Lego Batman 2 offer drop-in/drop-out cooperative play. This is a nice feature as it allows people to grab a second person for some cooperative madness. Given that the game is a open-world experience this time around co-op is played in split screen as it allows you to go in a separate direction then that of your co-op partner as you don’t share the same screen. This adds a whole new dimension to the co-op experience and it is something I think is to be applauded here, given that you don’t have to stick together during your adventure.
I am sure that some people will complain that there is no online support for this game, but given the audience (rated E 10+) not a lot of people within this age bracket play online. I myself would have liked to see some online cooperative play, but in the end it is not a deal breaker by any means.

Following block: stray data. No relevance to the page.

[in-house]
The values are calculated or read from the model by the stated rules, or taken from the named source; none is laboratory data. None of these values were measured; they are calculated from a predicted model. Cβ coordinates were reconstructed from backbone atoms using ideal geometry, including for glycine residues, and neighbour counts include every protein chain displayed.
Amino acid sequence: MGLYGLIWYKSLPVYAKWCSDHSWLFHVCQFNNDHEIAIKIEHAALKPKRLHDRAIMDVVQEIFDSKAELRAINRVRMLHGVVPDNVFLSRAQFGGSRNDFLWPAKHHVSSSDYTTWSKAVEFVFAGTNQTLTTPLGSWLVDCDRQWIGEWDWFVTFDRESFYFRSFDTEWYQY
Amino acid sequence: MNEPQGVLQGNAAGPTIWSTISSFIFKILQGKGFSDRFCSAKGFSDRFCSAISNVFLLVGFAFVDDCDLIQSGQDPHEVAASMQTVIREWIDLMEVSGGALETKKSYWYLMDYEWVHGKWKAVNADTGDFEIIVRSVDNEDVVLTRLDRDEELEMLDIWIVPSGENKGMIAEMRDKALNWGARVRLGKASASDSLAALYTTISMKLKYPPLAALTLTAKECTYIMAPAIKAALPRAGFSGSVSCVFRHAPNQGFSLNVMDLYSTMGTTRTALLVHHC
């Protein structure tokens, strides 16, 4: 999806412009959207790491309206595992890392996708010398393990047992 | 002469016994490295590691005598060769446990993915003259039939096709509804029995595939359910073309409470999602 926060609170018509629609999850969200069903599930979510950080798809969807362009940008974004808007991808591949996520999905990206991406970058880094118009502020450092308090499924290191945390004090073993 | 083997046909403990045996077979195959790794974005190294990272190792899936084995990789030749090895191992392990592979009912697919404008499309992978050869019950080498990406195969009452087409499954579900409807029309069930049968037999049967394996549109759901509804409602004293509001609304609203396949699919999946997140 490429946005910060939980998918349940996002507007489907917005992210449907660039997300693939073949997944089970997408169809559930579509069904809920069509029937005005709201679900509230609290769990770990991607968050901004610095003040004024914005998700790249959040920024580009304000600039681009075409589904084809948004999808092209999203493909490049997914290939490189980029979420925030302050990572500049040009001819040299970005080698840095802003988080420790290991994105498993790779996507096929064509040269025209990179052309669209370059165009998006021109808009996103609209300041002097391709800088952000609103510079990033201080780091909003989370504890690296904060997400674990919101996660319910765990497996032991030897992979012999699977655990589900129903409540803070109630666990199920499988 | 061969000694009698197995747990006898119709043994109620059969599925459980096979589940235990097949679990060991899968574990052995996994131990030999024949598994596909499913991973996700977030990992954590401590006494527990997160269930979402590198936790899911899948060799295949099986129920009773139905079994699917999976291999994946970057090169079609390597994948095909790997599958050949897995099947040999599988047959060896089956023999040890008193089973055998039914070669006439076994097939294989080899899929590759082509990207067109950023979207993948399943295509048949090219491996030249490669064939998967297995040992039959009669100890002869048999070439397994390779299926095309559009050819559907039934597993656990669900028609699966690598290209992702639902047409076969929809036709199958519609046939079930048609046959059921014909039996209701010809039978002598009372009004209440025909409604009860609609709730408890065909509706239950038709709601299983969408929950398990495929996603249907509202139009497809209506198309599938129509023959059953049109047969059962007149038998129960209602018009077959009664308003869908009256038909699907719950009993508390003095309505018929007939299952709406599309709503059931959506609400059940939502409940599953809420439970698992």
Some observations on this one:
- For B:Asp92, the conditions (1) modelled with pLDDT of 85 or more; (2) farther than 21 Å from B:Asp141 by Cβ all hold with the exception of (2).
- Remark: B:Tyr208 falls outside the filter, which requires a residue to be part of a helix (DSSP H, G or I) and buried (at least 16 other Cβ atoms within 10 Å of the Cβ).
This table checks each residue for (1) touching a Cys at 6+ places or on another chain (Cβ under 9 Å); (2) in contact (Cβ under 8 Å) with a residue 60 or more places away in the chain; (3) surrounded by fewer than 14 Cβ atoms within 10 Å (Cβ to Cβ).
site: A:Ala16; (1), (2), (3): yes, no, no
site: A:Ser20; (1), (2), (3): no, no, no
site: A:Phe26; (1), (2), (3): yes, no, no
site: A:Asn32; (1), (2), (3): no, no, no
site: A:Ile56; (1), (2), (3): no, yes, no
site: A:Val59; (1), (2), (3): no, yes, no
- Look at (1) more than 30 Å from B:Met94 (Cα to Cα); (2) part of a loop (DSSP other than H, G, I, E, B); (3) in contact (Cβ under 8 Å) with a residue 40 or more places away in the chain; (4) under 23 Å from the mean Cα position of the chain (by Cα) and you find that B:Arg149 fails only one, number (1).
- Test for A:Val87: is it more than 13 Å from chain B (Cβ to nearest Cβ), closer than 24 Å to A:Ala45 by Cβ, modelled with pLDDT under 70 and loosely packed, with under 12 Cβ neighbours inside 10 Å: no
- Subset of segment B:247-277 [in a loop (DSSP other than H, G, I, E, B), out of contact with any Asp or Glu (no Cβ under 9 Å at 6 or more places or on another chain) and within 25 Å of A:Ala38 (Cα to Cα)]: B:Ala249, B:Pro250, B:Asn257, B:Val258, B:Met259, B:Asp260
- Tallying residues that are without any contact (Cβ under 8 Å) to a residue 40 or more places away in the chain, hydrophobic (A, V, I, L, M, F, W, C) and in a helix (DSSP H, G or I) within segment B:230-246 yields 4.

You should be able to finish Lego Batman 2’s main story in approximately 15 hours, give or take a few hours depending on your experience with the Lego franchise of games, as well as how much you do during your gameplay experience. There are 250 golden bricks to find throughout the game, and these not only based on your performance in any particular level, but as mentioned earlier, you can also find them scattered throughout the games open world environment. There are 20 red bricks to find, 10 mini-kits per level, and you can rescue all the “Citizens in Peril”. It is amazing how much stuff there is to do, and you will have to come back in Free Play after you’ve completed the game’s story in order to complete all the bonus stuff. For completionists there is a TON of stuff to do and you will get your money out of the game that is for sure.